Masuda Begum
19 June 2022
19 June 2022

“The pandemic affected our vegetable business and we quickly found ourselves in a situation where we could not pay our bills. On top of that, schools closed - we were faced with uncertainty everywhere. My husband decided to get our underage daughter married. My world came tumbling down.

My daughter wanted to complete her education, not get married. She was a bright student, who attended high school in our village in Manikganj, central Bangladesh. Before the pandemic, she tutored other children in the village and ran a small tailoring service from home, to support her education.

As a member of BRAC’s Pollishomaj, I was aware of the emotional and physical trauma that child marriage brings. I knew it was a crime.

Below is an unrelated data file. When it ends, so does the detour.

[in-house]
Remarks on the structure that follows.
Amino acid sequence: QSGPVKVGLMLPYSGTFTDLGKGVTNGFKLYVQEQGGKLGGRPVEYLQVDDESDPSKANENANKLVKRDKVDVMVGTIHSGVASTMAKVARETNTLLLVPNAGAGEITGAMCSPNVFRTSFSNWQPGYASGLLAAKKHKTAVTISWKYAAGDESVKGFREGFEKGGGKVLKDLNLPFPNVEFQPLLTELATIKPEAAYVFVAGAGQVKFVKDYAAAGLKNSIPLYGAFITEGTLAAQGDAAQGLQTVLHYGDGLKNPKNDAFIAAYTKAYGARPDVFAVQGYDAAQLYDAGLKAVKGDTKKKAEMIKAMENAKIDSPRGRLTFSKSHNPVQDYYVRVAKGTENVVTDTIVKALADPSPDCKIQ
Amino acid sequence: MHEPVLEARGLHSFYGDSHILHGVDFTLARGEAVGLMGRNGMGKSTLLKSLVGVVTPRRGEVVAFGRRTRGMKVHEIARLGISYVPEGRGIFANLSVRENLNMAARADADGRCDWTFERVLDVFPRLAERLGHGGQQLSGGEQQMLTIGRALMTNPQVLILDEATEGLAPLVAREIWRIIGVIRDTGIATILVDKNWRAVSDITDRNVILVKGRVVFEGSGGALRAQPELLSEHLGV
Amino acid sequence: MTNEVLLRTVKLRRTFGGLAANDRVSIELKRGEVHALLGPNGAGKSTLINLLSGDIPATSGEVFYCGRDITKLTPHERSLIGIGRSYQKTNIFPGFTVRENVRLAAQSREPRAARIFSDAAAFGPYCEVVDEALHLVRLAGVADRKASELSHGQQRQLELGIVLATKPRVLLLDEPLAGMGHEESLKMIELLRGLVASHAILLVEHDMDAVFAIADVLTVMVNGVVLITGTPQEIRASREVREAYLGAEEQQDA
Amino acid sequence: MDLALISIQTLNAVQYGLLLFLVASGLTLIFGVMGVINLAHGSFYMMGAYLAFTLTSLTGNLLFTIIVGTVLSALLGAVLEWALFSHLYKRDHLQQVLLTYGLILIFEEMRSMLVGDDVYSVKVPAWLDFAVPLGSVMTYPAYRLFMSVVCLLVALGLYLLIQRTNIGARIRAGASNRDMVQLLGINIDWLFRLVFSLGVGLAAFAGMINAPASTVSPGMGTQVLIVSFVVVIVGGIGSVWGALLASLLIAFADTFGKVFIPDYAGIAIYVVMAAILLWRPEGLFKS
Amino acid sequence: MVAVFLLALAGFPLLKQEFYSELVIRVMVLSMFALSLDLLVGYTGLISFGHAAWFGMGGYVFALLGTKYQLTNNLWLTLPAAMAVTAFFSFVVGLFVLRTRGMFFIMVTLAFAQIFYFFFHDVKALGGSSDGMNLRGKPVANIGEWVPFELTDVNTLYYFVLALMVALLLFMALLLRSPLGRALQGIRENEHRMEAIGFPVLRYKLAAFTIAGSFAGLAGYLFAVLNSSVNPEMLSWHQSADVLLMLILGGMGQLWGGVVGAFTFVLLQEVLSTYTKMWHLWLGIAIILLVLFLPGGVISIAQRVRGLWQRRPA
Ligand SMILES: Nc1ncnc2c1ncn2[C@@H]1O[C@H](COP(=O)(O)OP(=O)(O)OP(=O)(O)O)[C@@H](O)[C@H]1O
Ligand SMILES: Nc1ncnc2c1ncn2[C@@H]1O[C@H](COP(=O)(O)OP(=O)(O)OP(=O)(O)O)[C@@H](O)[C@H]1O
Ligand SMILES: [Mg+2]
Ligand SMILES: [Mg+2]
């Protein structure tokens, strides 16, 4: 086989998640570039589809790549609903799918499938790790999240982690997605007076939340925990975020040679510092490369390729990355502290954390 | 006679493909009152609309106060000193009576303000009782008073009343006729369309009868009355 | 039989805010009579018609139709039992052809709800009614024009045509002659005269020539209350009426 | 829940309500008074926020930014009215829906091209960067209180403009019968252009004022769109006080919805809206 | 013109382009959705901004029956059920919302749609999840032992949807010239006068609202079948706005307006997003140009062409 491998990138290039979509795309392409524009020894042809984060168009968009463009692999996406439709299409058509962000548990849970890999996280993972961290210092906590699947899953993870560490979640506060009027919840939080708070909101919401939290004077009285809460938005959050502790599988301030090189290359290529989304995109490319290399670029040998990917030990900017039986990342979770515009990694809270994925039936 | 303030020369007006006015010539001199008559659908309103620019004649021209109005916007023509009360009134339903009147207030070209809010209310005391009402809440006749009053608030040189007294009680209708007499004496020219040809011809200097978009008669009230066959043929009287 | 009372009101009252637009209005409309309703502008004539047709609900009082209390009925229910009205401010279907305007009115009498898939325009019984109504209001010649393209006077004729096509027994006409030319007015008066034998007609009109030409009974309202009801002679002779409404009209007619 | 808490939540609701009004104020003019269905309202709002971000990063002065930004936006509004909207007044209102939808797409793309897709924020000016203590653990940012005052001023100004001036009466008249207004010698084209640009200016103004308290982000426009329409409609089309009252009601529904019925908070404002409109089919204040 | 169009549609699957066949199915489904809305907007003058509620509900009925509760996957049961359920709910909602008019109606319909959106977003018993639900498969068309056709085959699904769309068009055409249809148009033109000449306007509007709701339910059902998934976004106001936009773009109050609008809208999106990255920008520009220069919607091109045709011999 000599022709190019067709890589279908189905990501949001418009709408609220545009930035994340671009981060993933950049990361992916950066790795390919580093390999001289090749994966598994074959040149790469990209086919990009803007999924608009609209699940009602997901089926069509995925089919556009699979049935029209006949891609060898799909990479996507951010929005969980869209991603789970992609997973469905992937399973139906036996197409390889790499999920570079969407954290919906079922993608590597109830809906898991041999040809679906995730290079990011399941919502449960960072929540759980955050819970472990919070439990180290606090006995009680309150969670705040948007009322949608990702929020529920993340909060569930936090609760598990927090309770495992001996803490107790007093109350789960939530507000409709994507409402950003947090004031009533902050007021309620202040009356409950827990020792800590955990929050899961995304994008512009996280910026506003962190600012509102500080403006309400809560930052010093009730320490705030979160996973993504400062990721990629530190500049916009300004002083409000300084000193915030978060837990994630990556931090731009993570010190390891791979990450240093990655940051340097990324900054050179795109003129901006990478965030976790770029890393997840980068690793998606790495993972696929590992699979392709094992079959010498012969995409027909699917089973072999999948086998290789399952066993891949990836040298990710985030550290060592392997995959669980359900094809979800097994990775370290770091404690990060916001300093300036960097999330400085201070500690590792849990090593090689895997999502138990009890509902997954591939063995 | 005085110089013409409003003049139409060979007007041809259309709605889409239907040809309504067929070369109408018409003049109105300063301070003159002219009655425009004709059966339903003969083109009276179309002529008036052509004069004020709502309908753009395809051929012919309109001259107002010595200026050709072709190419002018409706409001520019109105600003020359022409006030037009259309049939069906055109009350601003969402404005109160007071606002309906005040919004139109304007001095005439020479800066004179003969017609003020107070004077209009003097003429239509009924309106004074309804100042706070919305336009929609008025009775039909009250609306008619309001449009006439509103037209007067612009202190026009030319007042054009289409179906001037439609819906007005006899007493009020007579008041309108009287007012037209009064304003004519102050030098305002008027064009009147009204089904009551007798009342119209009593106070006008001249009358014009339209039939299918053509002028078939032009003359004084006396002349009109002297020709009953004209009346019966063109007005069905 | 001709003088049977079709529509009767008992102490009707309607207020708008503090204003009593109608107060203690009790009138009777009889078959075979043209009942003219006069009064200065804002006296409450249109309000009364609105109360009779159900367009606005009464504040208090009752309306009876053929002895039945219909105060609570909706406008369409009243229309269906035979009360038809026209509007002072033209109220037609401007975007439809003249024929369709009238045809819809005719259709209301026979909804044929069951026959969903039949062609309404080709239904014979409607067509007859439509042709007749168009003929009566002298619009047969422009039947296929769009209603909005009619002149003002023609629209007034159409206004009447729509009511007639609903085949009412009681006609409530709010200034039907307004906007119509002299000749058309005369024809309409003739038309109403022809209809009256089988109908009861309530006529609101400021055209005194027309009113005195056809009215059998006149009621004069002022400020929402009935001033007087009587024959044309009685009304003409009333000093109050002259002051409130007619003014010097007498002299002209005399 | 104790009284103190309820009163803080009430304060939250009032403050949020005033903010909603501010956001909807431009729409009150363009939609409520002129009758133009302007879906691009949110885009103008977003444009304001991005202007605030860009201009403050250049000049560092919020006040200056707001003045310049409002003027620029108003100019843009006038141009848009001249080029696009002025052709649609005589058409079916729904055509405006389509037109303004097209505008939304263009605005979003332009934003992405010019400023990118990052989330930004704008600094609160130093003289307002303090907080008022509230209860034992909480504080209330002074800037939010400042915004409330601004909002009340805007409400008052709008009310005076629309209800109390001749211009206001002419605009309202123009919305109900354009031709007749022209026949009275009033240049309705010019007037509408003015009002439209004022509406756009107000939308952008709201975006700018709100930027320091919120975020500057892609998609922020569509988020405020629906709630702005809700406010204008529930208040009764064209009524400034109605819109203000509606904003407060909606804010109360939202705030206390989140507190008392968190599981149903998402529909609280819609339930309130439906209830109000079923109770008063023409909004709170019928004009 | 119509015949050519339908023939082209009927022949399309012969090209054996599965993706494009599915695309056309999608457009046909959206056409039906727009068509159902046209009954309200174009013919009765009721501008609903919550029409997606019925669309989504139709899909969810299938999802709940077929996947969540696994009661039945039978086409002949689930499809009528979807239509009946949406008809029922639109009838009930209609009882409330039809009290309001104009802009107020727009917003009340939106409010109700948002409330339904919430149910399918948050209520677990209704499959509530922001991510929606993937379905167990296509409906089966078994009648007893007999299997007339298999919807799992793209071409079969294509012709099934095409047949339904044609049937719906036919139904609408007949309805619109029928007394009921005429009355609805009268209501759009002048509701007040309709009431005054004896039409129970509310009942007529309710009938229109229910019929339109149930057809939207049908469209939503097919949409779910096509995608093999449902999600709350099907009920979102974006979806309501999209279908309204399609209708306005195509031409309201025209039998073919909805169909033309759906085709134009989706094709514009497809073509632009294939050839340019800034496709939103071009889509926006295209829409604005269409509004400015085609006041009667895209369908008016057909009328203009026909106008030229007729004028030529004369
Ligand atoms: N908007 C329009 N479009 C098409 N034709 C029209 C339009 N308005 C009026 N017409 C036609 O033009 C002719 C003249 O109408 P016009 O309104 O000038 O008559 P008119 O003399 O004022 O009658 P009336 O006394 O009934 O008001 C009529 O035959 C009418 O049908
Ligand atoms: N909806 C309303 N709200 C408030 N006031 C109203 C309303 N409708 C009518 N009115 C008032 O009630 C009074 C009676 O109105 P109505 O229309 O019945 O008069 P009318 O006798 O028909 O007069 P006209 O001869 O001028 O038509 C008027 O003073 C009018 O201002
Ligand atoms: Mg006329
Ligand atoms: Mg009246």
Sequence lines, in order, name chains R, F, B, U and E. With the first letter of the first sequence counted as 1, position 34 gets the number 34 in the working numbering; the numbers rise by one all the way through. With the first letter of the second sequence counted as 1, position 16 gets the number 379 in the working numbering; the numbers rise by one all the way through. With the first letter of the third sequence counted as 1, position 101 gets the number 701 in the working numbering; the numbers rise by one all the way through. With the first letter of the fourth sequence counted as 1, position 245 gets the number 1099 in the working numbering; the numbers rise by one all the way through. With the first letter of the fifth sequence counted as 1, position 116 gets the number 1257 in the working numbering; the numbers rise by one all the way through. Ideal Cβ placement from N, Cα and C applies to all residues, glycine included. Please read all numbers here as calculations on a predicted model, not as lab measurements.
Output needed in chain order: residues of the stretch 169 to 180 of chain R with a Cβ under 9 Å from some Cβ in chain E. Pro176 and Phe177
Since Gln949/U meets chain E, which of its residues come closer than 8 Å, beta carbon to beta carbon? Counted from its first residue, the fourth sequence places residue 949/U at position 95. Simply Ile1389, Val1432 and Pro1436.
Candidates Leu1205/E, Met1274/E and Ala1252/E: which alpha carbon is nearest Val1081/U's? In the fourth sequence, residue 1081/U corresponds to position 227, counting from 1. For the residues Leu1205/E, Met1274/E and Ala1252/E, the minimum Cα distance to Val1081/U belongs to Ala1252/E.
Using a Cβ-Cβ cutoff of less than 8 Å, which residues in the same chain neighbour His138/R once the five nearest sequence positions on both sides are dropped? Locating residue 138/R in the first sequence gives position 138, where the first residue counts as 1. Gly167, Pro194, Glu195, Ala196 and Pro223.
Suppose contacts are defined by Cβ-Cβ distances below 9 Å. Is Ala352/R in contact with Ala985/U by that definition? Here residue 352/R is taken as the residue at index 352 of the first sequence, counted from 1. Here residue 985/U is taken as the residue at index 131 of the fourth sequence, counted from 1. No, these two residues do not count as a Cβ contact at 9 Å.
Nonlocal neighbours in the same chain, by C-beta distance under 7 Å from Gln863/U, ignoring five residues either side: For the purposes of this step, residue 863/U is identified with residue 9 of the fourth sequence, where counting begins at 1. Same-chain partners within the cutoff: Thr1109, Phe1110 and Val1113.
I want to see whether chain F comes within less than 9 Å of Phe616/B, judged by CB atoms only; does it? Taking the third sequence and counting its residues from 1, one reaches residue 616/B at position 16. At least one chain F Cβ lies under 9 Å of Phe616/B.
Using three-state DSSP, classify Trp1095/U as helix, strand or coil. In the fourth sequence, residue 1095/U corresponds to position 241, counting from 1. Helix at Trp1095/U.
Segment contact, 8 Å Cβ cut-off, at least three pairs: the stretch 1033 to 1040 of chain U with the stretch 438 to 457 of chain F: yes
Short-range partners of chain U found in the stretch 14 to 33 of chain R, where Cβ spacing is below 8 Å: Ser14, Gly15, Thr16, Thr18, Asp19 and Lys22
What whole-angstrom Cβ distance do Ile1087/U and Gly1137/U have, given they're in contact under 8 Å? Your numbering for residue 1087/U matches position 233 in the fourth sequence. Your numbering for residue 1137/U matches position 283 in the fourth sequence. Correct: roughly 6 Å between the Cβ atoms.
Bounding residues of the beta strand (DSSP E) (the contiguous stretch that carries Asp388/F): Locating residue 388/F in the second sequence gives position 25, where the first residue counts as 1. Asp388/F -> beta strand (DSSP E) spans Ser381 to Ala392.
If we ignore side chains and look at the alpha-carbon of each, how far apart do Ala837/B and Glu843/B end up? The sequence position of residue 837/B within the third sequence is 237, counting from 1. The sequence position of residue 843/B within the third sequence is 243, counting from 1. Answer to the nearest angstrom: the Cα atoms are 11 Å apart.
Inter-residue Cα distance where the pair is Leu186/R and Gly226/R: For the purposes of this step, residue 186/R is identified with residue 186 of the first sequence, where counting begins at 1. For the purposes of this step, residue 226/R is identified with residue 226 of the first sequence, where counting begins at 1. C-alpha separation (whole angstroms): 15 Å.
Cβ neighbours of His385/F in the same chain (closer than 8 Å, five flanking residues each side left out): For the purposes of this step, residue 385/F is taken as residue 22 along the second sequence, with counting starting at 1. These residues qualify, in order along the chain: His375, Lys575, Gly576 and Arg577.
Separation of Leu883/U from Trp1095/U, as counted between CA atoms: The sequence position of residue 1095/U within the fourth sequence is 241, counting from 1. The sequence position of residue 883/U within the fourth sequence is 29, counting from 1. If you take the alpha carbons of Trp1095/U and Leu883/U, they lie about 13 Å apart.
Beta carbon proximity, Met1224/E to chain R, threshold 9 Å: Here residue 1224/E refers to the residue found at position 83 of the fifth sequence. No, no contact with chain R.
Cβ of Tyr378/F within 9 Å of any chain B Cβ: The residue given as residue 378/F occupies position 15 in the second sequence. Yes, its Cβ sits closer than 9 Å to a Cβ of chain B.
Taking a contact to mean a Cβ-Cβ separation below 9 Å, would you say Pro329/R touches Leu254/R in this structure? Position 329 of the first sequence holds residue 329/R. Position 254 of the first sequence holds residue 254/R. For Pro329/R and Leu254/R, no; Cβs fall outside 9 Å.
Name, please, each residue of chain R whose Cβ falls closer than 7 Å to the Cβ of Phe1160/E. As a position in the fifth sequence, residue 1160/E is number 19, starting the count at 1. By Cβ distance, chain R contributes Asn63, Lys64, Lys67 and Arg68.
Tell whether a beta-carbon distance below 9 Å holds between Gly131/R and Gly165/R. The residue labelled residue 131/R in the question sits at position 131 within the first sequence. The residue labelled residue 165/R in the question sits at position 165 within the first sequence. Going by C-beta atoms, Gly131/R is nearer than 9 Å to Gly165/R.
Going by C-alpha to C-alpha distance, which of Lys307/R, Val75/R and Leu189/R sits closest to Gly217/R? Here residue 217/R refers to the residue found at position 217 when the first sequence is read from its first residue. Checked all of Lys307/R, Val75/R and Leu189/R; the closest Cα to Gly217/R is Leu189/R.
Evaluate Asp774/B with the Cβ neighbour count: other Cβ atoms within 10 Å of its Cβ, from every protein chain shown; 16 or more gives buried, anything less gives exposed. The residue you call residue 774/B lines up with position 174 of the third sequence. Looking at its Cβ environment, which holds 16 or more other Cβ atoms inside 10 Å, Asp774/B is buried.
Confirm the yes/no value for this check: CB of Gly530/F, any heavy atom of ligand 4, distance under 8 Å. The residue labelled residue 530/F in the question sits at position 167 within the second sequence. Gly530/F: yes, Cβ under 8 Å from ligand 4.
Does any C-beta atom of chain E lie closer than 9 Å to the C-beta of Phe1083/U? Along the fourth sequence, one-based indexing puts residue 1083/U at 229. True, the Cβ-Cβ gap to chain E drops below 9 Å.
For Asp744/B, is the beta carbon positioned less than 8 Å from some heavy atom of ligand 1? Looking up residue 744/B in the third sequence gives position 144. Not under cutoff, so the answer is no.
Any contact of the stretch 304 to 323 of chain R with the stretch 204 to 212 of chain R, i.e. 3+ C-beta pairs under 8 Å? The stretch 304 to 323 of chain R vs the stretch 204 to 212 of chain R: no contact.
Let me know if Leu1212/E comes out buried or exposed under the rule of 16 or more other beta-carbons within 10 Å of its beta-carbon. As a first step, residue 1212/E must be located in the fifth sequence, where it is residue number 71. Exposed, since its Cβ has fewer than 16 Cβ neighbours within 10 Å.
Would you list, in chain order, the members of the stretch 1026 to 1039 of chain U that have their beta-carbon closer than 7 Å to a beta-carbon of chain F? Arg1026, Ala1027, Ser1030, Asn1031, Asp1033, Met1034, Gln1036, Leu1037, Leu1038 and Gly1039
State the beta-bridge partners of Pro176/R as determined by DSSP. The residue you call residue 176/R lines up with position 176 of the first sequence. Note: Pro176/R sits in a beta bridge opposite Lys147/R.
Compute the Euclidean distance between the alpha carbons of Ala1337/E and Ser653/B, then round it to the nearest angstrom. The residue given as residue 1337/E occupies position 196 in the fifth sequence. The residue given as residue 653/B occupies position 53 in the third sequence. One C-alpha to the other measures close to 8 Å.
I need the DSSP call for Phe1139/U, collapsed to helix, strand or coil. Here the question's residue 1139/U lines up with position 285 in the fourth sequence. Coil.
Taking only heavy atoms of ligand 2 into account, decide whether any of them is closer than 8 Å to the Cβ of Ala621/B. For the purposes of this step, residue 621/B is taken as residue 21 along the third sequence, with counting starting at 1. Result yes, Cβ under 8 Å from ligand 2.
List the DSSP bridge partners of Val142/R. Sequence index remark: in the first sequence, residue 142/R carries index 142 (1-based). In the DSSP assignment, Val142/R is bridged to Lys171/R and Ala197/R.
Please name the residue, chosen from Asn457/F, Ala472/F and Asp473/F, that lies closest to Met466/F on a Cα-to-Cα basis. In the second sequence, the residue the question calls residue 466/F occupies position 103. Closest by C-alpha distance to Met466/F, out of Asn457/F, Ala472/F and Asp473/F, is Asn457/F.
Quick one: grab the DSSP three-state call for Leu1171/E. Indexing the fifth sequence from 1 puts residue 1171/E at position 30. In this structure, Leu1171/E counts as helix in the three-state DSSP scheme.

My husband refused to listen to me. My fellow Pollishomaj members also tried convincing him with no success. Finally, I contacted the local government representatives. They calmly warned my husband about the legal consequences of orchestrating child marriage. It took a while, but it worked, and the marriage was called off. Schools have reopened and my daughter is now preparing for her secondary school examination.’

- Shahida Begum, Bangladesh

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